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Meditaton centre built with public funds now a ‘country club’
By LEE YUK PENG, The Star, June 9, 2010
PETALING JAYA, Malaysia -- The bungalow, nestled in a secluded spot amidst dense greenery, is supposed to be a temple that was built on public donations.
<< Shady place: The entrance to the centre in Kajang is cluttered with dead leaves and the entire place is covered in foliage.
But accusations have surfaced that the “meditation centre” in a Kajang neighbourhood has been operating like a country club – open only to its estimated 30 members.
Almost 100 Buddhist devotees have been asking for the re-opening of the temple, built in a sprawling leafy area, since last year.
Their petition is seen on a website which was started last year by several former university students who once volunteered at the place.
According to them, the centre has been closed to the public since October 2006. The priest, who was the founder, quit that year.
The latest posting on the blog was dated May 29. It showed photographs of the centre, taken from outside its gate, where a CCTV was also installed there.
It is believed that several monks are residing in the centre now.
One of them, when contacted, was hesitant to elaborate about its recent Wesak Day celebration.
“We have our own things to do here,” he said, declining to reveal his name.
A volunteer, who once helped to coordinate activities of the centre, spoke of her heartache of what the place had now become.
“We started it from scratch. Devotees helped to collect donations to buy the land for the centre,” she said.
According to the former volunteers, the centre sits on a 1.8ha piece of land which was bought from a developer with 50 guarantors in 2001 at RM2.3mil. This was fully paid up in 2004.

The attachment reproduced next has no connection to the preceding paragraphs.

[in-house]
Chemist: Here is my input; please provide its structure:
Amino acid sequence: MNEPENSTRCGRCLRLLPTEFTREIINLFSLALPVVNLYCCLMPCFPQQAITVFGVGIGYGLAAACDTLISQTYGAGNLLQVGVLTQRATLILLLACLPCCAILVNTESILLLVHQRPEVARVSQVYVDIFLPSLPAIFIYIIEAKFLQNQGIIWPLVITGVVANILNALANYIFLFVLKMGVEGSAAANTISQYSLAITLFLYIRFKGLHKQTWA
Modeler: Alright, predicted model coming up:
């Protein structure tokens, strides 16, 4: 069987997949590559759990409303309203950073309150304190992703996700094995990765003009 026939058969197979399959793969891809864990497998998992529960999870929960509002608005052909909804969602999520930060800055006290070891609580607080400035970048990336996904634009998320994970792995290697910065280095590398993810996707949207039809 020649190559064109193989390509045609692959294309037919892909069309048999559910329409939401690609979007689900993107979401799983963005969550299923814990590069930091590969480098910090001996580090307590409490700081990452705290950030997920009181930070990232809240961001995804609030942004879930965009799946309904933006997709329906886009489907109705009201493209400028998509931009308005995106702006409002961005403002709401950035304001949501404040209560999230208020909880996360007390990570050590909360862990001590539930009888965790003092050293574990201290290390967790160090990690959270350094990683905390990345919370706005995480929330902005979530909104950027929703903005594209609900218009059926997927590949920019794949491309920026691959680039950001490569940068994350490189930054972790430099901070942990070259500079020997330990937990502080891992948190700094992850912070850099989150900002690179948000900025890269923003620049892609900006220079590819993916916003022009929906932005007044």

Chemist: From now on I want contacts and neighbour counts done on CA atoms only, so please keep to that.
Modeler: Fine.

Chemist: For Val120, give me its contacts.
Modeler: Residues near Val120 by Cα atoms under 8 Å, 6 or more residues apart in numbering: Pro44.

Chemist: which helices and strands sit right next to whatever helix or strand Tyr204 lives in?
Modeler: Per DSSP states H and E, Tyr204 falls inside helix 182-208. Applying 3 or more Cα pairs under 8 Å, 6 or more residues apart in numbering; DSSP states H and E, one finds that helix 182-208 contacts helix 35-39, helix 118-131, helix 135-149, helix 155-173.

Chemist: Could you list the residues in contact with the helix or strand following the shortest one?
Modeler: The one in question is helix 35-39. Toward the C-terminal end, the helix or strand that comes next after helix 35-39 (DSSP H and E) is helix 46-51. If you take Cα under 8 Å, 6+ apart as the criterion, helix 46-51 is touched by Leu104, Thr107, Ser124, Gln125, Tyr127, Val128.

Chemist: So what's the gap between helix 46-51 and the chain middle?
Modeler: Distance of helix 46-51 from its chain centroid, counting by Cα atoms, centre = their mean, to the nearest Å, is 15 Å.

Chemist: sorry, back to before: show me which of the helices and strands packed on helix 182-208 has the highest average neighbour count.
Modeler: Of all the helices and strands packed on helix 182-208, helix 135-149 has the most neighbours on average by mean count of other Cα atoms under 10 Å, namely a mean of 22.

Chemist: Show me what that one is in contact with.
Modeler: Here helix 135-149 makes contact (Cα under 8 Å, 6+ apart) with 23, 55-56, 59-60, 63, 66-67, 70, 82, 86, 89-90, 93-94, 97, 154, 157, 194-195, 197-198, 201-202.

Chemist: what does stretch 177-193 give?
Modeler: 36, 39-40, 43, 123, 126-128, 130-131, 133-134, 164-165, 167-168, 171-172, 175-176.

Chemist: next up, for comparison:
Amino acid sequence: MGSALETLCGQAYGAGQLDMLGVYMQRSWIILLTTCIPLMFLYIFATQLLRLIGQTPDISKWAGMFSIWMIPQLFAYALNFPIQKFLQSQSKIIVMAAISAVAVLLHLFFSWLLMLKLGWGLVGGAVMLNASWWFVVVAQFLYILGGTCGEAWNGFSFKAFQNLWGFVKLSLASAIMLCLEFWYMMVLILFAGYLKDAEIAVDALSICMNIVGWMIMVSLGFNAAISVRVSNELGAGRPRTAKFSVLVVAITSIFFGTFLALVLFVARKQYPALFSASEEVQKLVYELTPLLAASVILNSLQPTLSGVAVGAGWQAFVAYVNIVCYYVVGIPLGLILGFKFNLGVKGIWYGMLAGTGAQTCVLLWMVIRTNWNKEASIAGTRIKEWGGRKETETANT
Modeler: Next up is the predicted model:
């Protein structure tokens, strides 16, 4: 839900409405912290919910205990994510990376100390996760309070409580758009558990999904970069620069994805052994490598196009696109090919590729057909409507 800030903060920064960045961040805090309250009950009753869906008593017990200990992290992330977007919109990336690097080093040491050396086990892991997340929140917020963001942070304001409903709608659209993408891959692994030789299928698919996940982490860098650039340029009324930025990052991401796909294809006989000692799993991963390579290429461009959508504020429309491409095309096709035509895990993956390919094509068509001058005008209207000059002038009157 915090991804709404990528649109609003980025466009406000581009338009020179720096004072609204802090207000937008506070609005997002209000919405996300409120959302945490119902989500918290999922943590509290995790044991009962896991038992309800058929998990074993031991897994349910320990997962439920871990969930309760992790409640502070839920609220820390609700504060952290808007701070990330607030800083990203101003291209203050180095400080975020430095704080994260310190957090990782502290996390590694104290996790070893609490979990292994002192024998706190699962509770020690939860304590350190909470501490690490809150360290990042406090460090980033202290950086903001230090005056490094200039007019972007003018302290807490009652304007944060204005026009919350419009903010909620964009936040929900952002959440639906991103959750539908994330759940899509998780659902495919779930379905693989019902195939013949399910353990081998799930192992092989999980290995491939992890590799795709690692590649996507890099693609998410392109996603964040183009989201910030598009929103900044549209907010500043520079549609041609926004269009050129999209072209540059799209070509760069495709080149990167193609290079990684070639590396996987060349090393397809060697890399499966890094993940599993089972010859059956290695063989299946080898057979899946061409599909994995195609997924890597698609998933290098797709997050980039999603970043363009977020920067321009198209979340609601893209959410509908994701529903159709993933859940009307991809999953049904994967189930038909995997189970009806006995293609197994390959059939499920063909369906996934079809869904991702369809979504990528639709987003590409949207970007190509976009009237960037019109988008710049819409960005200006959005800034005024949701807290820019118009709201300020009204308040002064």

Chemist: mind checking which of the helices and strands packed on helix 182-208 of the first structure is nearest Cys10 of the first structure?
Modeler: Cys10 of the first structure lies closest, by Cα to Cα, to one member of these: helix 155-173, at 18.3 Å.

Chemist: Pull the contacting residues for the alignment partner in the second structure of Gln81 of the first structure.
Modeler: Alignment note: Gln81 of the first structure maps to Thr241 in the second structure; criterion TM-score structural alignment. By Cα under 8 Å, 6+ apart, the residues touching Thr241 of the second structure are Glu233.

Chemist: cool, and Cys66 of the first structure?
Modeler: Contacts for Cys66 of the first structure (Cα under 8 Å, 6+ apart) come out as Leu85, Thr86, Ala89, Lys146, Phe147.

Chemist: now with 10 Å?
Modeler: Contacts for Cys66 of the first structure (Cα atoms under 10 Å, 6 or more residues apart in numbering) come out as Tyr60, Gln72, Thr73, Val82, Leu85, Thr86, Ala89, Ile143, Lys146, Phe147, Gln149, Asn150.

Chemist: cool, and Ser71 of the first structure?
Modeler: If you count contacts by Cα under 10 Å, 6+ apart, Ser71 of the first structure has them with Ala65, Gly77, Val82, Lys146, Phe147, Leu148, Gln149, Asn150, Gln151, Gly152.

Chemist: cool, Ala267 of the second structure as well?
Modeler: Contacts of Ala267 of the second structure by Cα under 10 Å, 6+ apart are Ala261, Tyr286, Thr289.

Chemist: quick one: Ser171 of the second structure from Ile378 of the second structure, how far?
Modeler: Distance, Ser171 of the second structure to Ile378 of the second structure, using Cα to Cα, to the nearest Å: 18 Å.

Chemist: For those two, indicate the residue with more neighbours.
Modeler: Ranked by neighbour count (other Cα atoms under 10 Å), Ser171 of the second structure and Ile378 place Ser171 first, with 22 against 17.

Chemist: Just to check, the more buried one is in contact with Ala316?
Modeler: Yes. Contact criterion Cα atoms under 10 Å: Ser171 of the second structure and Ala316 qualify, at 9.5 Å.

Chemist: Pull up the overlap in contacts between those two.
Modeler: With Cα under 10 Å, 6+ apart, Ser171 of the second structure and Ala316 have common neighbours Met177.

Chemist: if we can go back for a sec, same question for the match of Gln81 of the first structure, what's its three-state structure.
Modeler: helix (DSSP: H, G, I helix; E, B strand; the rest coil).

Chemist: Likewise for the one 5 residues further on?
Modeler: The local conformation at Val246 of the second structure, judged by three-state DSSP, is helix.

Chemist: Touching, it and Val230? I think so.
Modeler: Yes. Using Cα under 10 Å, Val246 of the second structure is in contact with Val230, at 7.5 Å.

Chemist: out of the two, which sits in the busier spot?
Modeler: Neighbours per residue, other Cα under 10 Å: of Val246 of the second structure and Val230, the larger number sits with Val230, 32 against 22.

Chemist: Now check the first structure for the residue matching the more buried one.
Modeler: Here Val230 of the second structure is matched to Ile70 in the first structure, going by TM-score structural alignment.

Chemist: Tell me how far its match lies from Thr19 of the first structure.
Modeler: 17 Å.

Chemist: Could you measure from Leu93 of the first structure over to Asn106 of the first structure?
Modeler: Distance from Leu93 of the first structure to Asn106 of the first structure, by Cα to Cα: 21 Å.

According to the website, the centre has another five plots of land elsewhere. The volunteers had sought the services of a valuer, who estimated that all the assets could be worth about RM10.8mil.
Previous news reports indicated that the centre once had about 100 volunteers and attracted 10,000 devotees to its events.
A Hong Kong resident even donated RM100,000 to the centre according to newspaper reports last year.
In its 2008 annual general meeting, members passed a resolution that they would not be seeking an external auditor to audit their accounts.
The centre, the volunteer said, started in 2001 and the priest in charge had a big following due to his community work.
She alleged that things started to go downhill when the monks began to break into factions among themselves.
“Some of the monks even took away several Buddha statues and equipment like loudspeakers,” she claimed, alleging that they brought in gym equipment instead.
Several devotees have lodged a police report about breach of trust but the monks also countered with a report that they had been harassed.
Calls to several officials of the Malaysian Buddhist Association, of which the centre is a member, showed that they were aware of complaints about the centre.
“We are leaving it to our legal team to look into the problem,” one official said.
The devotees have also complained to the Registrar of Societies.
Asked about the centre, registrar Datuk Md Alias Kalil agreed that any place of worship should be open to the public although “in this case, the by-laws of the centre stipulate that it is opened to those deemed as members.”
It is learnt that the ROS will soon be issuing the centre a show-cause letter, seeking an explanation why two laymen were on its committee although its constitution stated that only monks could hold posts.